the experiment, they will simply switch from sooner to later payment at the market
interest rate, revealing linear utility and no present bias.
Clearly, to shed light on this issue it is necessary to compare present bias for
monetary and non-monetary rewards. Augenblick et al. (2015) compare present
bias for money and real efort, fnding present bias for efort but not money. In their
experiment, choices over efort (which is aversive) may be interpreted as revealing
preferences toward leisure (a reward) if it is assumed that time not spent working
for the experimenters is instead devoted to the consumption of leisure. However,
since it is only the efort choice that is elicited and controlled for in the experiment,
it is possible that this efort instead displaces another aversive use of time—such as
domestic work, study, or an outside form of market employment—as opposed to leisure. This, in efect, is the real efort analogue to the potential confound of arbitrage
1 A cross-sectional design compares, at a single point in time, preferences between two or more pairs of
temporal prospects, separated by a common interval but preceded by diferent front-end delays.
1204 S. L. Cheung et al.
in experiments using money. While previous studies (discussed next) have compared
impatience and risk preference for monetary and direct consumption rewards, ours
is the frst to do so for present bias.2 For now, we point out that if present bias is real
but confounded by arbitrage in experiments using money, then we would expect to
fnd present bias for food but not money. We return to the issue of arbitrage in the
With regard to other economic preferences, it has been found that people tend to
be less patient (as distinct from present biased) for primary rewards than for money
(Estle et al., 2007; Odum & Rainaud, 2003; Reuben et al., 2010; Tsukayama &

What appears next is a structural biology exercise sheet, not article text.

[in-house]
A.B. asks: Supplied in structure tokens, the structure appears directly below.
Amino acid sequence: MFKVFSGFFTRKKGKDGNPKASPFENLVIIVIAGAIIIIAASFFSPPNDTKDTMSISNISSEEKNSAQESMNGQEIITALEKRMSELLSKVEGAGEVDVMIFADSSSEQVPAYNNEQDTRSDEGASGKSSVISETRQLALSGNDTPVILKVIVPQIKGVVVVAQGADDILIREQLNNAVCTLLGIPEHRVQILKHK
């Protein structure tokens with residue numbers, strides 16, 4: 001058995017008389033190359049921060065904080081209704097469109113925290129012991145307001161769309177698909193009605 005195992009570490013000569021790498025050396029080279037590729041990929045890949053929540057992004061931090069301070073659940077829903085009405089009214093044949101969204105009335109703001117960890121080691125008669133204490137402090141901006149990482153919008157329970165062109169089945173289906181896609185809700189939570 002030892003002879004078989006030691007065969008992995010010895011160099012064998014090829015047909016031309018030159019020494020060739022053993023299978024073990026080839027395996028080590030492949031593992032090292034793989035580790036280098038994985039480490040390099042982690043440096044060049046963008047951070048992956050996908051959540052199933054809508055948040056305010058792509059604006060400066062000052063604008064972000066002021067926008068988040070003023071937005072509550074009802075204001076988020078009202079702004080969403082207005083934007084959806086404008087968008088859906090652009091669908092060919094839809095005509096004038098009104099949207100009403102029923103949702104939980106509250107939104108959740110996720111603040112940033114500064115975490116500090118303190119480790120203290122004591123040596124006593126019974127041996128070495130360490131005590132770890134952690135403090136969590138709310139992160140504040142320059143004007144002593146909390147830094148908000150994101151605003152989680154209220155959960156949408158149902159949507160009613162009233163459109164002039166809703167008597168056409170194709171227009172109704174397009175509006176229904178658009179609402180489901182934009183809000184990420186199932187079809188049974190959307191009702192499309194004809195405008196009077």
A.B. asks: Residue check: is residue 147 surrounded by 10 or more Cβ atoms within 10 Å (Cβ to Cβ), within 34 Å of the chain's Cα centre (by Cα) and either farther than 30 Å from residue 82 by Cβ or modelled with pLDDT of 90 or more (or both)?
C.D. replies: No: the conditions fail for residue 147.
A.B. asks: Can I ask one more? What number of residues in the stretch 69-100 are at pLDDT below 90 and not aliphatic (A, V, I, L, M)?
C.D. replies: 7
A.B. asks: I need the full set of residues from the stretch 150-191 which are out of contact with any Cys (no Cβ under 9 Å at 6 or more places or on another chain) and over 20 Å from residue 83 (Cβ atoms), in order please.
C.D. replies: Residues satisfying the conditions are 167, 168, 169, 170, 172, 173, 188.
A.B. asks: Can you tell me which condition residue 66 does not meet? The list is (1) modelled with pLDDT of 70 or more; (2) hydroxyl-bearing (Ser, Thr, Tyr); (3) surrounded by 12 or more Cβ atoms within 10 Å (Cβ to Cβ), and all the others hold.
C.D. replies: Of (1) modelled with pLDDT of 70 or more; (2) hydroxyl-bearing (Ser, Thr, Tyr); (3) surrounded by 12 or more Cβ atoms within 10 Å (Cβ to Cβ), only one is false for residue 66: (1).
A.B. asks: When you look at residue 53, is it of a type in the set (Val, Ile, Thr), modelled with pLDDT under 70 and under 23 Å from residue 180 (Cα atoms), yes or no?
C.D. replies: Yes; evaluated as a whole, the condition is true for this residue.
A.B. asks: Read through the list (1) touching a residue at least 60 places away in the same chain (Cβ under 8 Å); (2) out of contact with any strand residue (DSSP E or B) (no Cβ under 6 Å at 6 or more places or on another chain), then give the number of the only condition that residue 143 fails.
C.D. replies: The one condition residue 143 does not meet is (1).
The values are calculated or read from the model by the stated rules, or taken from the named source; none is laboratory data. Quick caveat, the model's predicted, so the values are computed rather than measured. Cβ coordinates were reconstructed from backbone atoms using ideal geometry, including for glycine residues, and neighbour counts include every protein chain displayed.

Duckworth, 2010; Ubfal, 2016) but that risk preferences estimated for money and
food rewards are essentially the same (Levy & Glimcher, 2012).3 These contrasting
results highlight the importance of studying the consistency of preferences across
domains separately for each economic preference. Moreover, within the domain
of foods, unhealthy foods may be more tempting, triggering more present bias. It
is thus also important to compare time preferences between healthy and unhealthy
A key feature of this paper is our sample of 697 relatively poor adolescents in
China. Most previous studies have focused on the so called WEIRD subject pool
(Henrich et al., 2010). WEIRD refers to samples drawn from populations that are
Western, Educated, Industrialised, Rich and Democratic. One reason why carefully
designed studies do not fnd present bias for money may simply be that the participants, having been admitted into top universities, did not have serious self-control
problems to begin with.4 Indeed, several recent studies provide evidence that participants from developing countries show present bias for money (Balakrishnan et al.,
2020; Banerji et al., 2018; Clot & Stanton, 2014; Giné et al., 2018; Janssens et al.,
2017). Aycinena et al., (2020) fnd impatience for money and a preference to smooth
payments over time in a sample of low-income Guatemalans, but do not fnd present bias. There is also evidence that certain clinical populations (e.g. prescription
drug program enrolees and diabetes patients) show present bias for money (Abaluck
et al., 2018; Mørkbak et al., 2017). Our paper contributes to the still relatively limited evidence on the time preferences of non-WEIRD samples.
2 Other papers have identifed self-control for consumption rewards without quantifying present bias.
Read and Van Leeuwen (1998) asked participants to make choices between healthy and unhealthy snacks
that they would receive in one week. When the appointed time came, participants were given an opportunity to change their choice. Carbone (2008) asked participants to decide which investment goods and
activities (e.g. salad, textbook reading) and temptation goods and activities (e.g. ice cream, video games)
to consume in two treatments in which consumption occurred either immediately or after a delay of four
hours. Sadof et al. (2020) used the demand for commitment to understand time-inconsistent behaviour
for food choice. Each of these studies identify inconsistencies in the types of reward chosen for immediate delivery, as opposed to the quantities.
3 At the neural level, evidence suggests the existence of a “common neural valuation system” (Montague